2003-2006 years: Netflix continues to improve the user experience, using the Cinematch sorting algorithm to provide advice for future viewing, which helps to provide personalized film advice. This, in turn, can create a “list” of what they might be interested in or what they want to lease, based on the lease history of subscribers and the rating of each content.

“For DVD, our goal is to help people fill their list with the contents of the mail in the next day; from the choice to the watch, there is a time difference and people will choose it carefully, because the exchange of DVD takes more than a day, and we won’t get feedback during the period of view.” Xavier Amateria Xavier (Amatriain)

By the end of 2006, Netflix had about 6300000 users (7 years’ compound growth rate of 79%), and finally realized profits, with a profit of over 80 million US dollars in 2006. The company has achieved such an impressive growth by challenging existing players in a truly innovative business model and focusing on its single Polaris target: the movies watched.

CATV channels usually calculate the number of viewers according to audience ratings or how many viewers of a TV program. Netflix looks at this problem from the opposite angle and focuses on how many movies (or programs) the audience has watched.

Instead of optimizing the individual programs to maximize the number of audiences, Netflix uses its huge media directory to optimize the movie that every user watches. This subtle and critical difference allows Netflix to continue to focus on how to better attract audiences and to iterate through its core “watched movie” targets through key product initiatives such as its CineMatch recommendation algorithm.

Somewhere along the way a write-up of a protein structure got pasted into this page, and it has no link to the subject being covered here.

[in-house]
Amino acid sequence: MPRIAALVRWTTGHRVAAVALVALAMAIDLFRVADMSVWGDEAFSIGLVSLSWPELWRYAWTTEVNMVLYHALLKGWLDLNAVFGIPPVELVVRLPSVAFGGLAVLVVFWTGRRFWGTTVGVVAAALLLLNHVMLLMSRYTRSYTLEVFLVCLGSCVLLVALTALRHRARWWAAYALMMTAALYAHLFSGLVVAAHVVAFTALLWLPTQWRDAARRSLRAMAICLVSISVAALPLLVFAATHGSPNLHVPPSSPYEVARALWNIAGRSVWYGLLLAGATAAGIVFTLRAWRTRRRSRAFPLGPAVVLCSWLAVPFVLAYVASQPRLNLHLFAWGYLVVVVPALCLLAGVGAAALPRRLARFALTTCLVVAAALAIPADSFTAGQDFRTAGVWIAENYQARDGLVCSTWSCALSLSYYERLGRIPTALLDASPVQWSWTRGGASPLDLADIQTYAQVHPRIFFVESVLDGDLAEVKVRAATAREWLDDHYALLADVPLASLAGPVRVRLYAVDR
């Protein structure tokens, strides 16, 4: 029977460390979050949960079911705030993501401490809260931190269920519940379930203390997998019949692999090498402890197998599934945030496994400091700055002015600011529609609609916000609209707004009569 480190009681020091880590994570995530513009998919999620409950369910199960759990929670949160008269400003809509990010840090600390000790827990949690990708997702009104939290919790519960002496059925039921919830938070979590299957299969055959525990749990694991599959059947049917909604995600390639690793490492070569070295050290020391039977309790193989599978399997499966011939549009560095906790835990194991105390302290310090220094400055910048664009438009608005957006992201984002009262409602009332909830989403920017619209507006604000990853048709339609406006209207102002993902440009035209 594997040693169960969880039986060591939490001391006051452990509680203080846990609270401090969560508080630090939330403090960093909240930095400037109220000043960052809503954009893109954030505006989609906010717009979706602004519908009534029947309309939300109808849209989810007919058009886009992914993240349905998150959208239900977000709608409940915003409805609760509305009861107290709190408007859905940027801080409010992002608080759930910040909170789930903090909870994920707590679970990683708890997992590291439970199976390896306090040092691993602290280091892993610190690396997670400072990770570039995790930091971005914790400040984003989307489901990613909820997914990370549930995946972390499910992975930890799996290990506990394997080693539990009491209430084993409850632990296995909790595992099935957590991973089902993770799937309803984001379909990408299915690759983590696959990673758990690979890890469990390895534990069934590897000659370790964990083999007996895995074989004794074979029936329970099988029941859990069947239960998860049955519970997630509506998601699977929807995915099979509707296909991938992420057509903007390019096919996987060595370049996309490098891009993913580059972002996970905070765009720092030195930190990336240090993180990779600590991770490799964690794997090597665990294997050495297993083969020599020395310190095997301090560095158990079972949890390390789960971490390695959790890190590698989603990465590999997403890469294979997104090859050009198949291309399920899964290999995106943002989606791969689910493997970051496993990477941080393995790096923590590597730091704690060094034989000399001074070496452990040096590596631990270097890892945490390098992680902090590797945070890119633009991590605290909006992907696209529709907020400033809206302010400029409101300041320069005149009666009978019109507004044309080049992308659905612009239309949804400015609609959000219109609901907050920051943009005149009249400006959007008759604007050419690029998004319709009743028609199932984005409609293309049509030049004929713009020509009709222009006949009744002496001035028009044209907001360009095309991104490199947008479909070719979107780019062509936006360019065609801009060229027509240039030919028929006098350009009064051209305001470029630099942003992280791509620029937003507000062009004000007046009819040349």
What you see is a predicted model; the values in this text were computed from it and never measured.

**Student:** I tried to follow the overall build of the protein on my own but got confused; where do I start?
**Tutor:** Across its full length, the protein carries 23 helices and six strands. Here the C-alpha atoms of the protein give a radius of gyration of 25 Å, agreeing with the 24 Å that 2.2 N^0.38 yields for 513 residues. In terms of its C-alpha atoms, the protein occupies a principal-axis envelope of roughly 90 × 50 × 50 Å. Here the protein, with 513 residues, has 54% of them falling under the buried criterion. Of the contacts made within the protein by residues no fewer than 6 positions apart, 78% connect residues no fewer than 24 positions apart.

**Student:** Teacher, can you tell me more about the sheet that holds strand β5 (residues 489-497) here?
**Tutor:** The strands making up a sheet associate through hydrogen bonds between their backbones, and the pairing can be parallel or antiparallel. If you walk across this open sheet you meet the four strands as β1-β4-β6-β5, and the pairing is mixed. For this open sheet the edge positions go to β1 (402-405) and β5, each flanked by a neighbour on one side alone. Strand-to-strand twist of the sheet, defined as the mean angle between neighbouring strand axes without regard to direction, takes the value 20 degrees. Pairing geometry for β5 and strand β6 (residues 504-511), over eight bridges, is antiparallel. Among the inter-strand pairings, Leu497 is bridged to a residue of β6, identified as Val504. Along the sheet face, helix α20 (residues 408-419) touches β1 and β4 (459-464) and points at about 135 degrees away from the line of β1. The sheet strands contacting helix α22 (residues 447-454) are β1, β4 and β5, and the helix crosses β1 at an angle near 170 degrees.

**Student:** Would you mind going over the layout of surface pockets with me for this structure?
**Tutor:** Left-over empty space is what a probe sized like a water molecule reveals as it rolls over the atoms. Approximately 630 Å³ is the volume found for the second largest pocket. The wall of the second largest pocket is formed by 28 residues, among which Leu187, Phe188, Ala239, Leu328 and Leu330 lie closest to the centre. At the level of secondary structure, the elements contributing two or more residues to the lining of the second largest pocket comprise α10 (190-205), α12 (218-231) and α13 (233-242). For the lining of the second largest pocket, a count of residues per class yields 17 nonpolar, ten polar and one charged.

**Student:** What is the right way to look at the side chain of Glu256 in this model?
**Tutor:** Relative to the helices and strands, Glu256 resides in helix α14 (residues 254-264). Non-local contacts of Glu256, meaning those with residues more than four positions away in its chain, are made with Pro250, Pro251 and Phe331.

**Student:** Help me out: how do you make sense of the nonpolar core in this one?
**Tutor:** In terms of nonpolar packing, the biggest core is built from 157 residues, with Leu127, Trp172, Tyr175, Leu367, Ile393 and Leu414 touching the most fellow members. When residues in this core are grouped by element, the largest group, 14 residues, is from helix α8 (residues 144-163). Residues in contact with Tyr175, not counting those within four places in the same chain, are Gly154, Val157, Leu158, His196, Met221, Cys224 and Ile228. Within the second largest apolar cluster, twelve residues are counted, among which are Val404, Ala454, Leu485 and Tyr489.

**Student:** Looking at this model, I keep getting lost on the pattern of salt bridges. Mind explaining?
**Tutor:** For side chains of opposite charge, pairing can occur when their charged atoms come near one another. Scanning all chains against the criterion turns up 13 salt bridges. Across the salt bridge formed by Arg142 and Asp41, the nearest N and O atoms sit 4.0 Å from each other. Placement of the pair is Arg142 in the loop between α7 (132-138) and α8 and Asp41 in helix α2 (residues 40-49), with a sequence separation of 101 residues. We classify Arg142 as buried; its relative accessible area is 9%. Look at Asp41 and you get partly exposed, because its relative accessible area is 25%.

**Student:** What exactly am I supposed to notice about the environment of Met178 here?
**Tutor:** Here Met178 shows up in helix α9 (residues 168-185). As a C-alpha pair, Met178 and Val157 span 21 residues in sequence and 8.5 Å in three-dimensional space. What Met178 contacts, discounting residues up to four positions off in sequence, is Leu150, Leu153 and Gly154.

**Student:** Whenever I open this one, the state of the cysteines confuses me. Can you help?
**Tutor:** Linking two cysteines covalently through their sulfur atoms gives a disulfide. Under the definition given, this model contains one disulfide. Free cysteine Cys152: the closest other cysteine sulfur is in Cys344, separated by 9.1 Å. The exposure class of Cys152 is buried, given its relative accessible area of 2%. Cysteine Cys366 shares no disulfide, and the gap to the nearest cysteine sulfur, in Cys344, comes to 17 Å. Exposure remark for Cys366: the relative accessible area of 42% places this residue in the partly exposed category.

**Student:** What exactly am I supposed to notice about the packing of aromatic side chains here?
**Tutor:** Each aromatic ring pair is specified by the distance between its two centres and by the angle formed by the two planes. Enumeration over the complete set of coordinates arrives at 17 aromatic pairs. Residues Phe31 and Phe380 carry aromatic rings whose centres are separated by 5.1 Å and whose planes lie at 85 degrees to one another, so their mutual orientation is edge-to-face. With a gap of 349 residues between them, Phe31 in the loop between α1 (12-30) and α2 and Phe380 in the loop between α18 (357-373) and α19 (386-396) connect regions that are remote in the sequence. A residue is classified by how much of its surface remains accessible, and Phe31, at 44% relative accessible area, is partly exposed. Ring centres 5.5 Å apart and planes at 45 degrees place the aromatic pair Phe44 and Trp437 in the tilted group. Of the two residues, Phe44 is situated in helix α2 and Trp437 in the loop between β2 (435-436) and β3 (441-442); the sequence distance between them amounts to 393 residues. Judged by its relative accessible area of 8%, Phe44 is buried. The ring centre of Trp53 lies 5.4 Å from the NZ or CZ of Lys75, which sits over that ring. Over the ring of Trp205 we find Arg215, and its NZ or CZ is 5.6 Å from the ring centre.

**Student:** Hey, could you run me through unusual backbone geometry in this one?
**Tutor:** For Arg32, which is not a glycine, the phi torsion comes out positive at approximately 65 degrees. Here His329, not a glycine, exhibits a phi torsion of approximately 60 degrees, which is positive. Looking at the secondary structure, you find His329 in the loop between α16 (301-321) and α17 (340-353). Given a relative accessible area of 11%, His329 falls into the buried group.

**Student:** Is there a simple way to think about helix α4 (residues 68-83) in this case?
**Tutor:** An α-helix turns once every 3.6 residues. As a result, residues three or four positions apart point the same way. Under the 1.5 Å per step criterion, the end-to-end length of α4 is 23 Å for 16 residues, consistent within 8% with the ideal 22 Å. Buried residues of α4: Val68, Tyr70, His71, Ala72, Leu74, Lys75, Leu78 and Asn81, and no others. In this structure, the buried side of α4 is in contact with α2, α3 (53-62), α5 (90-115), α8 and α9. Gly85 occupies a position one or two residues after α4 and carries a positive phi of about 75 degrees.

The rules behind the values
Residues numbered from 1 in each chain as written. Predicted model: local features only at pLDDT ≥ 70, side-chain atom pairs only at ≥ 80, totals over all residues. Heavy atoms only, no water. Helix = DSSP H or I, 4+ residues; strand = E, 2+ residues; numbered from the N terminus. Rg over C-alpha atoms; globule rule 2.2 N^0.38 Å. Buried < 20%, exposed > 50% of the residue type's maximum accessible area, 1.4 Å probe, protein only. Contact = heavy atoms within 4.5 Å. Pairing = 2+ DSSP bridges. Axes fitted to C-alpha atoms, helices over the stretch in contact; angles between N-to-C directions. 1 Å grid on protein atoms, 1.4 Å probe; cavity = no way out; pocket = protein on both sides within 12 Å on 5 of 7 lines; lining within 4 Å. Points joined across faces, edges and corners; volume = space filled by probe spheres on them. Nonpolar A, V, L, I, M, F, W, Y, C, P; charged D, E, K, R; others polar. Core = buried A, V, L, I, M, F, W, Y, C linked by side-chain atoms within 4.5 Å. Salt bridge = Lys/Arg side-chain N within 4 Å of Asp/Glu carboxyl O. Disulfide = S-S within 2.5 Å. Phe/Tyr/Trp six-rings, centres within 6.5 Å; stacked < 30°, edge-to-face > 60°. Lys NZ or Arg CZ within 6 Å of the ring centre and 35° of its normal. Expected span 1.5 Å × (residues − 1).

Although many analysts are skeptical about the feasibility of Netflix’s subscription based model in 1999, this is the key to the company’s success because it places Netflix as a service that allows you to watch it as you like, not by rent. This is the real innovation behind the early growth of Netflix.

Even at relatively high monthly prices, Netflix also provides greater convenience and value in the crowded fields at that time. It eliminated the two pillars of all family entertainment business models, and imposed enough restrictions on members to promote further business growth. This allows Netflix not only to win early victories among consumers, but also to help companies to separate themselves from Blockbusters and Hollywood Videos while increasing their income.

The financial challenges faced by Netflix over the past 2000-2003 years mean that diversification of its service products is both a response to external forces and a business need. The company is several years away from the introduction of streaming media services that we know today. However, behind the scenes, the company has invested heavily in the introduction of the CineMatch algorithm to make Netflix a more personalized and personalized experience.